Friday 29 January 2010 3:59pm
New research just published in the New Zealand Medical Journal shows strong support for an end to tobacco sales within 10 years, with significantly more New Zealanders agreeing to this than disagreeing. The research also shows majority support for plain (unbranded) cigarette packets, and for fewer tobacco retailers.
The support was across all ethnicities, but was particularly strong amongst Pacific interviewees. The research used weighted data from a 2008 Health Sponsorship Council national survey of 1608 people, which included 422 smokers.
One of the authors, Dr George Thomson, from the University of Otago, Wellington, says: “The surveys indicate that public support is there for major and rapid changes to the regulation of tobacco, including the end of commercial tobacco supply.”
“There’s now a need for politicians to embrace and act on the idea of a foreseeable and planned end to tobacco sales through a predicable timetable by 2020. The public wants more defined action to reduce smoking, and not a series of incremental steps,” he says.
The researchers say the scale of harm from tobacco use in New Zealand has not been matched by enough government action to advance tobacco control. They point out that despite incremental changes in tobacco control there has been relatively little reduction in smoking since 1991.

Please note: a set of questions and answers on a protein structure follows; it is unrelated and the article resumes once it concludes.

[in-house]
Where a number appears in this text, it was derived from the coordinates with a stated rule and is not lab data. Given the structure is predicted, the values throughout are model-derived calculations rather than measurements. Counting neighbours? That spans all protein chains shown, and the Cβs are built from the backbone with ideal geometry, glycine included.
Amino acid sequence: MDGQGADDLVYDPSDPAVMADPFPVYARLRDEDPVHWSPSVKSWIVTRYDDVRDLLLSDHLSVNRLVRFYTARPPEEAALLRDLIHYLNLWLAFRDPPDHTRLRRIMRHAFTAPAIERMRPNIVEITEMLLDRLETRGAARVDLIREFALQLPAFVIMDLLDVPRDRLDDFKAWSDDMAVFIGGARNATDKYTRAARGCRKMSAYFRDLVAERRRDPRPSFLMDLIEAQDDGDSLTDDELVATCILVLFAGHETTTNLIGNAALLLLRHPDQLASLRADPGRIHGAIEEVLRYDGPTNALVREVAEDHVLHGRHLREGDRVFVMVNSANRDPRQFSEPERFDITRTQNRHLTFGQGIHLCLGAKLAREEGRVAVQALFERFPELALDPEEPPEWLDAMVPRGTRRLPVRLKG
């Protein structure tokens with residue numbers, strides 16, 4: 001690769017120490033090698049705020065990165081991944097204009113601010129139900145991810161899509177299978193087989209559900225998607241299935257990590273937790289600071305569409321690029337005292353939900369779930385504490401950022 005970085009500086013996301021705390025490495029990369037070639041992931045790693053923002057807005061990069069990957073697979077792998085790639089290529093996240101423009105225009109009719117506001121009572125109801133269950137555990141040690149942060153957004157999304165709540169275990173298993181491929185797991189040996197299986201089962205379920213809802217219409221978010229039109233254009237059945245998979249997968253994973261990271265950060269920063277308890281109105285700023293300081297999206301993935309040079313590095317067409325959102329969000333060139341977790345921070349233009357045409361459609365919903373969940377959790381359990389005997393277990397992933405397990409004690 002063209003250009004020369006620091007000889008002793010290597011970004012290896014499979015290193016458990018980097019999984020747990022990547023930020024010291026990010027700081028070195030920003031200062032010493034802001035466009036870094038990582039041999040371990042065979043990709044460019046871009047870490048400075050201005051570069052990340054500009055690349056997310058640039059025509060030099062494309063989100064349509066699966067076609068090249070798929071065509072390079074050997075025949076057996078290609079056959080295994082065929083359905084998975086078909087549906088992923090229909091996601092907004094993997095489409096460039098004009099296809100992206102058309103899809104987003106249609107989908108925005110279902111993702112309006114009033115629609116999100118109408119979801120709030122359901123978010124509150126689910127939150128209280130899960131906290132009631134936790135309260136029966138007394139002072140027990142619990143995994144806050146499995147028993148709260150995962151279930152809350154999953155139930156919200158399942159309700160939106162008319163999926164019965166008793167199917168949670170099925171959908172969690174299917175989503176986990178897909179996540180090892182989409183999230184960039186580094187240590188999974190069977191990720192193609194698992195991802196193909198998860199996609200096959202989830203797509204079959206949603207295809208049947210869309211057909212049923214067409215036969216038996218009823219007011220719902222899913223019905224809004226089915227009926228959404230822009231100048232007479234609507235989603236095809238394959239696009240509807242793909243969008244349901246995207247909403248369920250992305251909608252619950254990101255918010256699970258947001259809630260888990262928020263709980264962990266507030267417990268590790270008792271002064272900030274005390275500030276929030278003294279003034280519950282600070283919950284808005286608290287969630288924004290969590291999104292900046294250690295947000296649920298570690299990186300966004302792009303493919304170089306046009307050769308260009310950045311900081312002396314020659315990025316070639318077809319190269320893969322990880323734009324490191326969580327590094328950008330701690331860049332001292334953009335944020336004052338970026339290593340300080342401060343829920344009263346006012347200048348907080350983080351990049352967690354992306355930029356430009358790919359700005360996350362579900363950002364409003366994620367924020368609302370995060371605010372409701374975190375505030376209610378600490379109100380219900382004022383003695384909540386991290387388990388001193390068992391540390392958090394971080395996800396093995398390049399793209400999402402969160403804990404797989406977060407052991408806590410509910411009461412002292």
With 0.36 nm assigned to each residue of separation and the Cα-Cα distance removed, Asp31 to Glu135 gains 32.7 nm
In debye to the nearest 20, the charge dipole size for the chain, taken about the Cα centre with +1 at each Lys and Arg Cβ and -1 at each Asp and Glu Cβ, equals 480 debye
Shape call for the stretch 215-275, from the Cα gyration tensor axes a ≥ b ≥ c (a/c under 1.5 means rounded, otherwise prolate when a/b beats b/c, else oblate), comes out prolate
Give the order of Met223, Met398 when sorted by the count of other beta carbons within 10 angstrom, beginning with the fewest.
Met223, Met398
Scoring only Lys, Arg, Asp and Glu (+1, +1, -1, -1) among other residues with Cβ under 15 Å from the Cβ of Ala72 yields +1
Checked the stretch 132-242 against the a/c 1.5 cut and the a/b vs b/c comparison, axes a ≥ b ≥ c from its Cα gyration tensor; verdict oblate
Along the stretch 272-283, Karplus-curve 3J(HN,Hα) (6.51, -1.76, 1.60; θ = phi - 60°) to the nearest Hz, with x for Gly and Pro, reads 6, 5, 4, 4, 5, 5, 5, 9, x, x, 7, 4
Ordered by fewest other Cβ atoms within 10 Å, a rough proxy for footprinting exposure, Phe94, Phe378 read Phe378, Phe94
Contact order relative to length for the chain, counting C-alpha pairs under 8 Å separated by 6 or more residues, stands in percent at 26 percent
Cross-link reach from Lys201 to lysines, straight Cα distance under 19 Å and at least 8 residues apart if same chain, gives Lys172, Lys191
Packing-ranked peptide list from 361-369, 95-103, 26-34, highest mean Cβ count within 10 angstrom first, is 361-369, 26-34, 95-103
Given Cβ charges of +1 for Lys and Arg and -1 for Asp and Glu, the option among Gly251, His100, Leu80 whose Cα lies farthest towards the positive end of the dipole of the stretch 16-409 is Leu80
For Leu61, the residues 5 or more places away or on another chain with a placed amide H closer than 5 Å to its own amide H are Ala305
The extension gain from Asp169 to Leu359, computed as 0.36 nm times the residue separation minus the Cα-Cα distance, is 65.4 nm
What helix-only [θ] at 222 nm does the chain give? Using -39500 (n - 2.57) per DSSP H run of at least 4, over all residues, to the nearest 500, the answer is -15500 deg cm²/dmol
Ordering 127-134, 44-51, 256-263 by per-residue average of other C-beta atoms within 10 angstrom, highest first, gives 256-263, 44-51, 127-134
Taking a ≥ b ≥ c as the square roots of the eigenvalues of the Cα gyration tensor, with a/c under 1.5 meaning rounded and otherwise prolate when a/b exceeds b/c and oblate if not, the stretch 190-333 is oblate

New Zealand is out of step with some other developed countries where there have been more effective policies to discourage smoking and a greater reduction in tobacco use.
The last major NZ government-led action was the Smoke-Free Environments Act, followed by graphic warnings on tobacco packs. However despite evidence of their effectiveness, there has been hesitation on a ban on retail tobacco displays, and no increase in tobacco tax above the rate of inflation.
Data for this study was supplied by the Health Sponsorship Council.
For further information contact
Dr George Thomson
Department of Public Health,
University of Otago, Wellington
Tel 64 4 918 6054
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